Essential gifts for your comfort and safety

I did it! After 10 years of wanting this gizmo, I finally treated myself to it! Y.E.S. !!! It is a deceptively simple gizmo and costs about $15.00 bucks. What could it be, you ask? It is called a “LifeHammer.” Here’s a picture:

“Uh, Hunt…? Not exactly a Tiffany diamond, is it?”

Well, it is true a diamond cuts glass, but how long have you got when you need to break a car window or cut a safety belt? This little gizmo is easily mounted within hand reach in your car. What’s the big deal, Hunt? Glad you asked ’cause I am going to tell you.

I live in Washington State, in the western part, surrounded by bodies of water we traverse each and every day via bridges. Washington State is directly behind California for the potential of earthquakes, we have five active volcanoes, we get sudden snow storms that nobody knows how to drive in…, plus it rains a lot here, maybe you’ve heard? Coming from southern California, I was used to the Pacific, but you looked at it, you didn’t drive over it. Shiver. What if…. I got to Washington and my safety sensitivities went into overdrive. What if the bridge collapsed as I was on it, sending me into the water – the idea of drowning in a car fills me with horror. Never mind the fact the fall might kill me. What if it didn’t?! LifeHammer has two purposes: break glass and cut safety belts. SOLD!

You ever had the power go out? I am not talking a few hours, I am talking for six days. I have. It was so cold in my house, I took time off work because I didn’t think my dog and cat would stay warm without supervision. It didn’t take six days to convince me that I would never, ever go through that again – it is dispiriting, disheartening, and damn cold without power. I learned that my needs are pretty simple. I want hot coffee, light and heat. Food could wait; but the coffee was essential – I heated water using six votive candles in a small cake pan, put a little rack over those, put a pot of water on and used a french press. I take my coffee black, so I was good! It worked equally well for heating soup, etc. But… the loss of heat and light. Nope. Never again.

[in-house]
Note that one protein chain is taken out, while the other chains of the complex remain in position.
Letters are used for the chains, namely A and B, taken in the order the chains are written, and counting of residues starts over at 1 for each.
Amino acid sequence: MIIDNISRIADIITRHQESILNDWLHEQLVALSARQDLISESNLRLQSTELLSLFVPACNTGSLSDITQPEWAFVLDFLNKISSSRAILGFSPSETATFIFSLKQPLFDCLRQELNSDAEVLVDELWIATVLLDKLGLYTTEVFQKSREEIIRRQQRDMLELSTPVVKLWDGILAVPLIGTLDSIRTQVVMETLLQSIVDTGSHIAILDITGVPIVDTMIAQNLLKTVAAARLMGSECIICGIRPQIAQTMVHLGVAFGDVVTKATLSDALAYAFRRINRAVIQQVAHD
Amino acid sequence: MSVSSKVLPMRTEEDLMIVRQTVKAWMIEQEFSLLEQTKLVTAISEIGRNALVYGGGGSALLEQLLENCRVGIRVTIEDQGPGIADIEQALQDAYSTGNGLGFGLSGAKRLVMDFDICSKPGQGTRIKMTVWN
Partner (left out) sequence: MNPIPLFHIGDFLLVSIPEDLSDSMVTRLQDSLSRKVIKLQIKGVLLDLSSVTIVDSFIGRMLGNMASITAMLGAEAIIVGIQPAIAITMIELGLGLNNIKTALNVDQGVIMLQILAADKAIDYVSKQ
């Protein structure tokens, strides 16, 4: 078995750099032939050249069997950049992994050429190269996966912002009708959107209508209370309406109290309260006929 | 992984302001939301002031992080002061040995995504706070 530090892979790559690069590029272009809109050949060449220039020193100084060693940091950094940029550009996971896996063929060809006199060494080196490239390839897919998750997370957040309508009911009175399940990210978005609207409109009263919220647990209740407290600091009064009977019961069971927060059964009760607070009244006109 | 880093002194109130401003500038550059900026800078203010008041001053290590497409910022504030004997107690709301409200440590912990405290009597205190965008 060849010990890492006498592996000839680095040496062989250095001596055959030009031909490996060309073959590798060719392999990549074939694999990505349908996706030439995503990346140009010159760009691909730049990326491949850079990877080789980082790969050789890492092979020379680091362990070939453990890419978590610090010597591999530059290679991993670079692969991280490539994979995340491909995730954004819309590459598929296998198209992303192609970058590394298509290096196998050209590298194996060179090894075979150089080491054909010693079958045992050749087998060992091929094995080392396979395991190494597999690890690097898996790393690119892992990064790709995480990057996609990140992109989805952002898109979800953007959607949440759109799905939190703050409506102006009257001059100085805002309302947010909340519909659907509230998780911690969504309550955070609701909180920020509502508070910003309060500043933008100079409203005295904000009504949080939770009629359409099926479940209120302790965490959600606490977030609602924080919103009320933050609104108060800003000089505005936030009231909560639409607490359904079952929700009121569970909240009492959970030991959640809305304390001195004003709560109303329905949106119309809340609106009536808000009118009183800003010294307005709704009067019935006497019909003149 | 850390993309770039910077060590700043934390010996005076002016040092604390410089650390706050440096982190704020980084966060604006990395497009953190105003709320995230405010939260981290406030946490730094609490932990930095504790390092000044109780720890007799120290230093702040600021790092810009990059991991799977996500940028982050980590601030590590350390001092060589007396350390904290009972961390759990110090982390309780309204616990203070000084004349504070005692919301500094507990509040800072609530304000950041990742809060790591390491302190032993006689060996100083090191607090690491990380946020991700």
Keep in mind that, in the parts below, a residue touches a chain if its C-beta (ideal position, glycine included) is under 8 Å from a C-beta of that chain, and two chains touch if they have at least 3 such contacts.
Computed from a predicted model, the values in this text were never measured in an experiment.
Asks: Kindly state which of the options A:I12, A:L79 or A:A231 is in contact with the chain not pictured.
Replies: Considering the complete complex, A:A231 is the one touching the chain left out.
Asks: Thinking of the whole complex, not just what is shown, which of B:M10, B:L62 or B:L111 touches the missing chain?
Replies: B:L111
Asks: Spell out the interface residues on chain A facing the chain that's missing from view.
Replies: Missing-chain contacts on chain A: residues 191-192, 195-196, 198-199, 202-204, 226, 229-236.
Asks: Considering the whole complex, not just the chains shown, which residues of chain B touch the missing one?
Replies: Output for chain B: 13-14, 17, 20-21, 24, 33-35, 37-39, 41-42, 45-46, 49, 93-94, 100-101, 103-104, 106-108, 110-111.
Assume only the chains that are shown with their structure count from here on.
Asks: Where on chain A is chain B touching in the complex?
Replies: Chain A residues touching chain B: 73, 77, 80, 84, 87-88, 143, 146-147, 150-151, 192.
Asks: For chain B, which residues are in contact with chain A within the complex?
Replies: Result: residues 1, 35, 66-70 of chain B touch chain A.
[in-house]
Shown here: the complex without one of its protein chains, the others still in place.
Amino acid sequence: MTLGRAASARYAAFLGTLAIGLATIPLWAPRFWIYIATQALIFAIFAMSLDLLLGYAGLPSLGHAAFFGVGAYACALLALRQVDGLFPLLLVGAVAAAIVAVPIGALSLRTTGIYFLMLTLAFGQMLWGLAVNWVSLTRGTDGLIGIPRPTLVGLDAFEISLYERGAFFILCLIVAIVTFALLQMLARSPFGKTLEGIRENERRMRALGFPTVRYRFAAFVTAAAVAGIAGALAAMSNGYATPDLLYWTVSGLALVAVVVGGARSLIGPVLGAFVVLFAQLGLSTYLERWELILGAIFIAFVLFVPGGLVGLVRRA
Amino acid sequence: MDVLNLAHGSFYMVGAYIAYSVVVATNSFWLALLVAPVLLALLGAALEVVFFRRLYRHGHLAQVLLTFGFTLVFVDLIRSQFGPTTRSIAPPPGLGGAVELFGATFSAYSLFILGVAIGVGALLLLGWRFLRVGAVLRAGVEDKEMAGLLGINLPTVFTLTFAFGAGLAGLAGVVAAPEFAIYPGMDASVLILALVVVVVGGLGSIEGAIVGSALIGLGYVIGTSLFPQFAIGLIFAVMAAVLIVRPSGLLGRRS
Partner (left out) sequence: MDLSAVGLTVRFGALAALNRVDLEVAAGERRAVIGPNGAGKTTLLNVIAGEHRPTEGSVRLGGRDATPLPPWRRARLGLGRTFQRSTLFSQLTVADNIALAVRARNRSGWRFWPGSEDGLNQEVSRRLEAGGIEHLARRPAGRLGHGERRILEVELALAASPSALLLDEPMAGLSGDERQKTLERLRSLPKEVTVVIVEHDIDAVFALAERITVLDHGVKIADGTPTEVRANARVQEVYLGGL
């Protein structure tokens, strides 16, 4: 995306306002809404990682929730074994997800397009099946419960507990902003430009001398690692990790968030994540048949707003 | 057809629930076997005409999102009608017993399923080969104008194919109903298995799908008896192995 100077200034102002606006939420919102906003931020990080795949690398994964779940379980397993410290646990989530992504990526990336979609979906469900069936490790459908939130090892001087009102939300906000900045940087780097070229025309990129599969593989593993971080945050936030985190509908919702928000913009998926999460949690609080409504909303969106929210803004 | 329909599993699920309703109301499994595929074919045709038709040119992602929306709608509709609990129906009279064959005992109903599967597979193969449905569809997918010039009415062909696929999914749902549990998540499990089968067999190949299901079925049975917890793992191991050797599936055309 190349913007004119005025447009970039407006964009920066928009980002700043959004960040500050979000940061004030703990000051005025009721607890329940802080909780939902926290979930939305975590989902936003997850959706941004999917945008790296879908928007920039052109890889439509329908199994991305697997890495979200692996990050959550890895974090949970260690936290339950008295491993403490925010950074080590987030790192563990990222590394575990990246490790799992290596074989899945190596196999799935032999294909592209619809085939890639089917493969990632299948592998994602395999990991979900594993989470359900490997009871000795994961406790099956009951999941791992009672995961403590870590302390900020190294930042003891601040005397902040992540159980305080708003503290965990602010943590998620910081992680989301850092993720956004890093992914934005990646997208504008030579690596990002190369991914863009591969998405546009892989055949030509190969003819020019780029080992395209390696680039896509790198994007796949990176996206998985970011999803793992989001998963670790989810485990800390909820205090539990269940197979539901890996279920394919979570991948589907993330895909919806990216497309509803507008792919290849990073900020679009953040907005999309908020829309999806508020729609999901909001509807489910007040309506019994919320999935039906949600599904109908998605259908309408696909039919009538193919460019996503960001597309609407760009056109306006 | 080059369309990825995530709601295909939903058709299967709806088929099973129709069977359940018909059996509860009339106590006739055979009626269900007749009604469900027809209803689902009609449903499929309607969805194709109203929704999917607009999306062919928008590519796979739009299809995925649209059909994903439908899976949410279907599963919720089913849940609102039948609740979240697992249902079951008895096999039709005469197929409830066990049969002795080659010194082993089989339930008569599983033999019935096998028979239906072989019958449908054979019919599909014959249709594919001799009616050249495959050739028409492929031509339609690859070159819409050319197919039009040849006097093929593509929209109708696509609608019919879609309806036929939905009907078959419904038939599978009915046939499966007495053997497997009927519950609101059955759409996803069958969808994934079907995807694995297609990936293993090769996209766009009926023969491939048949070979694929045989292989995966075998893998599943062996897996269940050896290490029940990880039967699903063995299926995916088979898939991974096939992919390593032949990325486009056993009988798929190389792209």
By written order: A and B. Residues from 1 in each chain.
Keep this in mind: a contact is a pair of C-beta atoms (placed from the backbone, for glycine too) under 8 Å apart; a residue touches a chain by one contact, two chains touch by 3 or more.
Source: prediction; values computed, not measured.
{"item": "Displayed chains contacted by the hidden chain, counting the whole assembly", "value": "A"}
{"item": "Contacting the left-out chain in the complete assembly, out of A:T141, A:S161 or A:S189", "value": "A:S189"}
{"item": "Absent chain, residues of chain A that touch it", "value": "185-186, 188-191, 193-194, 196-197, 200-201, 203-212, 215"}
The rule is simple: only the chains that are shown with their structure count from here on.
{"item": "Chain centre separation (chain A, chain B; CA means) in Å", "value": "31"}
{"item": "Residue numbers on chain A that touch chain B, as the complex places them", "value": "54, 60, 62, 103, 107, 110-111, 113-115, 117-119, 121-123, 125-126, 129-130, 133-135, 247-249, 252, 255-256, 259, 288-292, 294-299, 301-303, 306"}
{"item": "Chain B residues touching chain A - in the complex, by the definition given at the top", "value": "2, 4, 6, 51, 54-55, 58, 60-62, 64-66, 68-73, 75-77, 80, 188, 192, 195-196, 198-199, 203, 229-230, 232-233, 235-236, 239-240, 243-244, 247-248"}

Two years ago, I treated myself to this nifty R2D2 lookalike. The DuraHeat Model DH2304:

“Uh, Hunt? Maybe you have been spending too much time alone…?” Oh, stop!

This DuraHeat Model: DH2304 uses kerosene, puts on 23,000 BTUs (yeah, baby! …what’s a BTU? – who cares? It works!). The product description is as follows:

The DuraHeat 23,000 BTU Portable Kerosene Heater can help you reduce your total home heating costs as well as provide warmth to those hard-to-heat areas up to 1,000 sq. ft. The heat output is adjustable with a simple dial control and an auto-shutoff feature is built in for your safety. This heater operates without electricity and offers an excellent source of emergency heat and light during power outages.

Heat output up to 23,000 BTU/hour
Up to 1,000 sq. ft. heated area
Runs off economical kerosene
Insta-lite electronic ignition requires no electricity
Safety tip-over shut-off feature
Fuel gauge lets you keep track of kerosene supply
Dial control for variable heat output
Portable, can be positioned where needed

I did a lot of research before buying this wonderful thing. I have had the pleasure of testing it and it works a treat! Note: I use it on the brick in front of my fireplace for safety’s sake. It does a better and faster job of heating my home than my regular heating does! One word of caution: do some shopping around for this item as the prices vary. I got mine for about $139, plus I bought a good supply of Kerosene, which I keep out on my apartment patio.

Links below:

LifeHammer ~

DuraHeat Model: DH 2304 ~

P.S.: Yes, I also got a propane cooking stove for emergency patio cooking – never unpacked it. Also, five cans of 3 lb. coffee – Folgers. Told you I had simple tastes….

P.P.S. – y’all did get your supplies of water and food, right? Right?!

18 thoughts on “Essential gifts for your comfort and safety

  1. Great ideas. Also, one of those emergency flashlight/radio/siren/blinker that charges from being cranked by hand. That hammer is one of the best emergency aids you hopefully will never use. Great post and timely for this time of yeat. Thank you.